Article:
Labour’s ruling body has won its bid to overturn a high court decision allowing new party members to vote in the forthcoming leadership election, a ruling that could bar tens of thousands of supporters of Jeremy Corbyn from voting in the ballot. The ruling by three court of appeal judges, Lord Justice Beatson, Lady Justice Macur and Lord Justice Sales, will mean 130,000 new members who joined less than six months ago will not be able to vote in the forthcoming poll between Corbyn and Owen Smith for the Labour leadership. Corbyn’s campaign condemned the decision as wrong “both legally and democratically”, warning that it threatened to disenfranchise members who were explicitly told upon joining the party that they would have a vote in any leadership election. “Crucial to the outcome today was the introduction of a new argument by the Labour party HQ’s lawyers, who invoked an obscure clause in the Labour party rules (chapter 4, clause II, 1A), which could be read as giving the NEC the right to ignore all of the rules laid out for leadership elections,” a campaign spokesman said. “In other words, this is a ‘make it up as you go along’ rule. We do not think that making it up as you go along is a reasonable way to conduct democracy in our party.”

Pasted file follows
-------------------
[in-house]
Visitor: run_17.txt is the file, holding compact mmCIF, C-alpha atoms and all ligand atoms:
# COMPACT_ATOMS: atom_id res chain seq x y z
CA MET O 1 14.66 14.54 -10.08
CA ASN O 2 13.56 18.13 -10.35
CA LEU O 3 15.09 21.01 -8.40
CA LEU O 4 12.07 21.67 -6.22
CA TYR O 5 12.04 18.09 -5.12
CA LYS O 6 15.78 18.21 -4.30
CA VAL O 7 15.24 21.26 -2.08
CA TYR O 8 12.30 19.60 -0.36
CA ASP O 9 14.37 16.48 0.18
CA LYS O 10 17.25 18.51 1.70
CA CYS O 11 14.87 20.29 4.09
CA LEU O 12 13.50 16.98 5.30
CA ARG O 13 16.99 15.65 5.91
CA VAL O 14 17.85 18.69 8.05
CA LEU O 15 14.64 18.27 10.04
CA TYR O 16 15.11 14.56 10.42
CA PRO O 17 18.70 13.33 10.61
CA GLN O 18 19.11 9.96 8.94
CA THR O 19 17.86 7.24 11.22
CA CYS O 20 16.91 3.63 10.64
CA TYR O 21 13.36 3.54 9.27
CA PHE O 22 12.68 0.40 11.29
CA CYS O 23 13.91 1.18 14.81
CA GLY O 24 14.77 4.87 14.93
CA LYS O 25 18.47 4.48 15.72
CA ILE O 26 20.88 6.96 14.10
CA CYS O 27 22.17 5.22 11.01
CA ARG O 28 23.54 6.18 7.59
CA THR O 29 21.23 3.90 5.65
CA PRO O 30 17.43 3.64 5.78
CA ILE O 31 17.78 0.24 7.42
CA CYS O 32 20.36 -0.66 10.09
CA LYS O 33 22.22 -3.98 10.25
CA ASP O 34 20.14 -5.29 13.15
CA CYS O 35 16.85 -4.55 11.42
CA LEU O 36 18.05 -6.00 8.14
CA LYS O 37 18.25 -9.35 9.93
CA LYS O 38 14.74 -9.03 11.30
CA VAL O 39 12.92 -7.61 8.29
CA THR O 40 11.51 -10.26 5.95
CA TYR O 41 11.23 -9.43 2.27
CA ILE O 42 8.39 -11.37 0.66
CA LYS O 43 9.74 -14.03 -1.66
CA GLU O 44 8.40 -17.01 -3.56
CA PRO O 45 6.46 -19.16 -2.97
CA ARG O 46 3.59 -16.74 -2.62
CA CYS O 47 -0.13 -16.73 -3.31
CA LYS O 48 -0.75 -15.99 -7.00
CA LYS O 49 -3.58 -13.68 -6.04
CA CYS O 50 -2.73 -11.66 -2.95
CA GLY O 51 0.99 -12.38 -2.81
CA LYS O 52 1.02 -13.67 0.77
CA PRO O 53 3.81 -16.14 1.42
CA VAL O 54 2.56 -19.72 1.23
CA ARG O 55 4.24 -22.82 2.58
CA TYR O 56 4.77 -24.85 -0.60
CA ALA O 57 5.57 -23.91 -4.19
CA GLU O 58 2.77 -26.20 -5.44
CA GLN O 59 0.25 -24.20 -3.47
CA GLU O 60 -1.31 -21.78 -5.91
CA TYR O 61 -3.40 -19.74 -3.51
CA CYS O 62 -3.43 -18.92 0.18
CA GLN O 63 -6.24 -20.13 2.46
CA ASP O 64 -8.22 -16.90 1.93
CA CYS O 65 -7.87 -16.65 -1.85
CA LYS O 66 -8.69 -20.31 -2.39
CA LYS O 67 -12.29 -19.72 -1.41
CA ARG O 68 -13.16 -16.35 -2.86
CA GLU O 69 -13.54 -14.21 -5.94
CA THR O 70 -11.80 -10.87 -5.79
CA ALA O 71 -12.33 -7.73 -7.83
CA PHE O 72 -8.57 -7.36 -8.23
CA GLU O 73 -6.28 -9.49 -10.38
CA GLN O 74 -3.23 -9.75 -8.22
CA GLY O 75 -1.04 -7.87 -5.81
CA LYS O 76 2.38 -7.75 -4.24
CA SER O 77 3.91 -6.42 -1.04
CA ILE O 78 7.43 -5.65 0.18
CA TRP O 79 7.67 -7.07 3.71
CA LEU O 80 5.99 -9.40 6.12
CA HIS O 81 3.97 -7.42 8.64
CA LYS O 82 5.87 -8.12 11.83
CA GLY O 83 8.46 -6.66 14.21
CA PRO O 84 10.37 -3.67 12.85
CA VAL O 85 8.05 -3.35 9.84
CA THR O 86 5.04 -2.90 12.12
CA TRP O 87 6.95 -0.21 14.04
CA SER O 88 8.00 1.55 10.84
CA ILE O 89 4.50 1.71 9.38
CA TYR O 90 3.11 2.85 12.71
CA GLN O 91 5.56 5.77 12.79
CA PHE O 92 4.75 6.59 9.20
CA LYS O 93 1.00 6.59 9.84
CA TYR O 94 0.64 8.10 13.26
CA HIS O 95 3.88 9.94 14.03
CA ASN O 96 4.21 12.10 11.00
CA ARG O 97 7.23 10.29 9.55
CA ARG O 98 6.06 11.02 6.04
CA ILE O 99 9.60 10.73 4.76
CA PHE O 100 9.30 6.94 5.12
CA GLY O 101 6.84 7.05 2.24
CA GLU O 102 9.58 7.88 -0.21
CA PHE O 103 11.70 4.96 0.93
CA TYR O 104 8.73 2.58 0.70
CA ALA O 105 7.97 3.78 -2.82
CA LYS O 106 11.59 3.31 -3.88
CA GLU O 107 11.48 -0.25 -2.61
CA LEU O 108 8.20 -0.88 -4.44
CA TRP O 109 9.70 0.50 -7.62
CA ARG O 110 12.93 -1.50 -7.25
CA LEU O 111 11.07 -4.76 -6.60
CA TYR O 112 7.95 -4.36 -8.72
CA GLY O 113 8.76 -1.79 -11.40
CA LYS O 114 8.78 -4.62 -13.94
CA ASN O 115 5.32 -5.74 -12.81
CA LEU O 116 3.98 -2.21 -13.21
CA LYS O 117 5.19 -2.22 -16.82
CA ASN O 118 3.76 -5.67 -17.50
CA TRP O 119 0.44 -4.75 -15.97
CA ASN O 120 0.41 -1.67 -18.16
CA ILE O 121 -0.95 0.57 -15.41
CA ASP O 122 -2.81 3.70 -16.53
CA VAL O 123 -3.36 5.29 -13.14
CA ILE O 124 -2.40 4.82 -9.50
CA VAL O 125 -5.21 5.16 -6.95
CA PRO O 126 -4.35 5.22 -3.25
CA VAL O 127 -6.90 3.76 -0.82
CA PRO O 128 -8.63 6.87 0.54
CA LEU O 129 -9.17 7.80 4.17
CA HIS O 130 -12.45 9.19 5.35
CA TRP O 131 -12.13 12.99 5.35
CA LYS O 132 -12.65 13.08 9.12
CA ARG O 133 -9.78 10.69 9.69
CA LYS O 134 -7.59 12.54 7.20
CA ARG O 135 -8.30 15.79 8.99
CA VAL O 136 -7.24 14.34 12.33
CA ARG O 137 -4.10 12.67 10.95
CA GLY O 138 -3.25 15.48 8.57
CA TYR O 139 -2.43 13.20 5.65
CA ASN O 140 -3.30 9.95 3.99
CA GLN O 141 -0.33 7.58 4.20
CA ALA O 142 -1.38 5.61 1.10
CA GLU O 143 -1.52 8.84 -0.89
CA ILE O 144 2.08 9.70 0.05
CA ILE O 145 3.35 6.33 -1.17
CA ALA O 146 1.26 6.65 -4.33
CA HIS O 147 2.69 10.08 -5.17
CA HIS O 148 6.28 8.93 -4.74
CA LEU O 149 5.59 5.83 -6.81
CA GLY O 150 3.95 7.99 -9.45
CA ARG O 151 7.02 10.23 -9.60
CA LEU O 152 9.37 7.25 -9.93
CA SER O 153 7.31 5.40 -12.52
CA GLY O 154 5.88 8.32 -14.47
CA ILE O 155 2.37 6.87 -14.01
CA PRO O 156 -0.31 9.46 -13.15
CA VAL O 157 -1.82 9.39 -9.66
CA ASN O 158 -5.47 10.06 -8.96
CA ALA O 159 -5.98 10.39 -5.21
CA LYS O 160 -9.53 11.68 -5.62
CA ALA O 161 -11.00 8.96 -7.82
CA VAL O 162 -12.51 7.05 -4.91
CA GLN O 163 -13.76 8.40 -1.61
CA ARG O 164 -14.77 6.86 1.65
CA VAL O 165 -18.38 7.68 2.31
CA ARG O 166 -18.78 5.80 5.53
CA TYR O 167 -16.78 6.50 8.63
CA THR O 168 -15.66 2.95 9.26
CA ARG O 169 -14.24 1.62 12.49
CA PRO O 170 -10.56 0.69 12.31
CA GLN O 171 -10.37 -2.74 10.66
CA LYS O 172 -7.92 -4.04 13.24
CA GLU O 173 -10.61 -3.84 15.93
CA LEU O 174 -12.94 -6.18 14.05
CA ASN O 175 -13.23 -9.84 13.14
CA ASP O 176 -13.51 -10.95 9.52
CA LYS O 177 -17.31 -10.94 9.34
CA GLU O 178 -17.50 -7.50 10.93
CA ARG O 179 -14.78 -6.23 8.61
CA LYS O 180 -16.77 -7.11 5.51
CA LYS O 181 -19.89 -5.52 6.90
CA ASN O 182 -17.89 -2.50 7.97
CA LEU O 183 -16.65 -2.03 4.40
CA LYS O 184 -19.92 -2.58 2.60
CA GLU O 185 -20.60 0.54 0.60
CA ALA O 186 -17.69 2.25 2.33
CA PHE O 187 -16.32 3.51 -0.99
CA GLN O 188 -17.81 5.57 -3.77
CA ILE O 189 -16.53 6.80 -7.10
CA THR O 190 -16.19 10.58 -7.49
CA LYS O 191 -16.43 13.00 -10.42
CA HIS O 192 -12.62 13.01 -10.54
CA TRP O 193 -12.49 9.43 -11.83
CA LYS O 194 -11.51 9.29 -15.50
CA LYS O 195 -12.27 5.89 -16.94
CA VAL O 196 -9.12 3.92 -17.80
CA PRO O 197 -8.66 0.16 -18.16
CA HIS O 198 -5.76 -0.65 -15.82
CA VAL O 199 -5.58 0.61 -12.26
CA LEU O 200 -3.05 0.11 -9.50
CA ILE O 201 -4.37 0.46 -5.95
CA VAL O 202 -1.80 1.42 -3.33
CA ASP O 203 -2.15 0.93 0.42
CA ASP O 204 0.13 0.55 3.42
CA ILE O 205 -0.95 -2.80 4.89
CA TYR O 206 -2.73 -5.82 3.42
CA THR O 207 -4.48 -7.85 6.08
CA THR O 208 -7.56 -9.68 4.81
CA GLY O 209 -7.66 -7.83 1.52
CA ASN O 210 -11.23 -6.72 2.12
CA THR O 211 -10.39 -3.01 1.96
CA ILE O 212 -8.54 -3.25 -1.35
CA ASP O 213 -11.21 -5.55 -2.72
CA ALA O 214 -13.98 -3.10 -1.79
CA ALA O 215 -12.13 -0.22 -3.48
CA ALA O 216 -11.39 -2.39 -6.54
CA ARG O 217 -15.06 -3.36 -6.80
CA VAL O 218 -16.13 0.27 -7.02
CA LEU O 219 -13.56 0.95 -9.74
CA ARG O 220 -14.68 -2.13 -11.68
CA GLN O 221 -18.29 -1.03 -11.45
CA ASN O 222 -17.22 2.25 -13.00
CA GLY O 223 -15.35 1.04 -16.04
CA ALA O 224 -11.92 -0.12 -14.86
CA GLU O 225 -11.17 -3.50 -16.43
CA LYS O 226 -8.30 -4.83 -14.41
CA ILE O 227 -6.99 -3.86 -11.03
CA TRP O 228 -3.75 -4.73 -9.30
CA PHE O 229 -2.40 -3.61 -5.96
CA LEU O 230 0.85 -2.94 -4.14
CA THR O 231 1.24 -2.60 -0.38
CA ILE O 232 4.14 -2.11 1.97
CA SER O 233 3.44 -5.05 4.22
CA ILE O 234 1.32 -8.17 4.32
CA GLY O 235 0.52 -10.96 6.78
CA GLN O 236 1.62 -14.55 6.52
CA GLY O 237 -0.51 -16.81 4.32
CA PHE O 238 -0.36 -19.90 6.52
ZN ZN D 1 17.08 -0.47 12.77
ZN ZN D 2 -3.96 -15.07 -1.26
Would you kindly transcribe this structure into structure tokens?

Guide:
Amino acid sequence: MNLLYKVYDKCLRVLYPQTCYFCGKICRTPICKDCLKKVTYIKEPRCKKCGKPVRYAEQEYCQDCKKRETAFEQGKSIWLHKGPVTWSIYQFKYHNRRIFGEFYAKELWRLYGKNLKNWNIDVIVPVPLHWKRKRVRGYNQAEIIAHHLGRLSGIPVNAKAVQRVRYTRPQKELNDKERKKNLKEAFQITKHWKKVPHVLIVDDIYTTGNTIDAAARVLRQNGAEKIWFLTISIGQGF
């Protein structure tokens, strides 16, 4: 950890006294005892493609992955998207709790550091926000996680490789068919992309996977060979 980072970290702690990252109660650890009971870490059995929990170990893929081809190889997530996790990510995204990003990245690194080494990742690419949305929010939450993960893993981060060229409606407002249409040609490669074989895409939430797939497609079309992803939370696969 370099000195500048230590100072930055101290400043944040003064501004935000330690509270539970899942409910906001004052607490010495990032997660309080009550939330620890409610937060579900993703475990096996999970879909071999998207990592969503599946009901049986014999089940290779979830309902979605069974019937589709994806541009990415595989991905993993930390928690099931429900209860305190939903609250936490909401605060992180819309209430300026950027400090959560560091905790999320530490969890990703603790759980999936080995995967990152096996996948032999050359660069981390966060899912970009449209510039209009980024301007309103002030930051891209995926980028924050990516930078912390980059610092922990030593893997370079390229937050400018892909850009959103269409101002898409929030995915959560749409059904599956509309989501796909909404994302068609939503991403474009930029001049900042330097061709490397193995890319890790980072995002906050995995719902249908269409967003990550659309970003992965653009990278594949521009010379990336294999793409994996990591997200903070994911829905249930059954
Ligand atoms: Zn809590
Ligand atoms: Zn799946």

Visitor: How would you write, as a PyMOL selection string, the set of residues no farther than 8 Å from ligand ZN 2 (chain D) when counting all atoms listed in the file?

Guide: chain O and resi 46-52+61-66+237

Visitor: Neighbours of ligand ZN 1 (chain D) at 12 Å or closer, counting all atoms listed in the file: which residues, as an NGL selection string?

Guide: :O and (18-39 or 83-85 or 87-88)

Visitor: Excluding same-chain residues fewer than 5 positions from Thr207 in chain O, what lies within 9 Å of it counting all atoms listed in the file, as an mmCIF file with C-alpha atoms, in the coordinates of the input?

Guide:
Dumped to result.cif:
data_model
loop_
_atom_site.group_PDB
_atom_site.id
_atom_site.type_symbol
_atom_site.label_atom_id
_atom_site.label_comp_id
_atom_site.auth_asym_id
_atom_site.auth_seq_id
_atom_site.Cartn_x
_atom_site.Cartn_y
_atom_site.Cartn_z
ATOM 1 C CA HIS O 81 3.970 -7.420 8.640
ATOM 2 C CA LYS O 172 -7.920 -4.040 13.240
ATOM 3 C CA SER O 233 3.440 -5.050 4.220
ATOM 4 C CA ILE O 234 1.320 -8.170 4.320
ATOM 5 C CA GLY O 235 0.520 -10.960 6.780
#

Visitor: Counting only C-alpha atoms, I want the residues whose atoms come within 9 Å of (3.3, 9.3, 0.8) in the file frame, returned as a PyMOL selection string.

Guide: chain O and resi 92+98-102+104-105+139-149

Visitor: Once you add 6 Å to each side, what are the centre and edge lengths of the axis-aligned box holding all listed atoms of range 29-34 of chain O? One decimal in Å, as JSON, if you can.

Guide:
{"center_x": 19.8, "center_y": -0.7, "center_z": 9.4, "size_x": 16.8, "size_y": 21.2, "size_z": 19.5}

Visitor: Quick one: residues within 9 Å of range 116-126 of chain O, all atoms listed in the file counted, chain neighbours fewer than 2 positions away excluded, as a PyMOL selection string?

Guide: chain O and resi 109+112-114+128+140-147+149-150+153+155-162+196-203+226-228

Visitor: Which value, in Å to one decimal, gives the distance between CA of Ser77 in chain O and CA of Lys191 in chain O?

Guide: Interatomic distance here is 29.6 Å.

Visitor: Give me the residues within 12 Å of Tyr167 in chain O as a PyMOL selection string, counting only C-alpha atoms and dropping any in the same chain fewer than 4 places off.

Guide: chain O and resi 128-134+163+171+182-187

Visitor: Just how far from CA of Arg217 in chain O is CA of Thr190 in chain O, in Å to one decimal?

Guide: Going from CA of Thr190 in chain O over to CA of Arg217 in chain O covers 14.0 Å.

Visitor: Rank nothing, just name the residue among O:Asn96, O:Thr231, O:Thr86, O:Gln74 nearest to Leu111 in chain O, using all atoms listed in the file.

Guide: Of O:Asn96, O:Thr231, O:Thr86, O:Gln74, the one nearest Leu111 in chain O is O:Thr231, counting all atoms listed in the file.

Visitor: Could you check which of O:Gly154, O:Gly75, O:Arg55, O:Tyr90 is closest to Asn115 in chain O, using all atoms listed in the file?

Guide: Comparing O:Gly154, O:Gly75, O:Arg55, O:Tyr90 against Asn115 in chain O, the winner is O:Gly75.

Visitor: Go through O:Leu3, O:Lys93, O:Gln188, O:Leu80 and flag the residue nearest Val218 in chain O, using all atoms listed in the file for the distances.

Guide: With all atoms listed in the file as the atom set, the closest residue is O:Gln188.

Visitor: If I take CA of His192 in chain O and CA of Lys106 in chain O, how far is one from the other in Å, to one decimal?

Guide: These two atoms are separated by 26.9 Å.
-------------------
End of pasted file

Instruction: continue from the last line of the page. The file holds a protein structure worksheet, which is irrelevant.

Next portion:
The protracted legal battle over voter eligibility in the election entered a new phase when the Labour party’s general secretary, Iain McNicol, appealed against an earlier ruling that in effect sanctioned Corbyn’s decision to allow new members to vote. The process has seen the extraordinary situation of Labour’s ruling body and its leader on opposite sides of hearings in the high court and court of appeal
Acting on behalf of the party as a whole, McNicol appealed against an earlier ruling that found in favour five new Labour members, who challenged a decision by the national executive committee to ban new members from voting. McNicol argued the NEC had the power to define eligibility to vote in the Labour leadership election.
The five Labour party members – Christine Evangelou, the Rev Edward Leir, Hannah Fordham, Chris Granger and “FM”, a teenage member – must pay £30,000 towards the NEC’s costs, which are £60,000 in total, within 28 days. Permission to appeal to the supreme court has been denied, but an application could still be made directly by the appellants.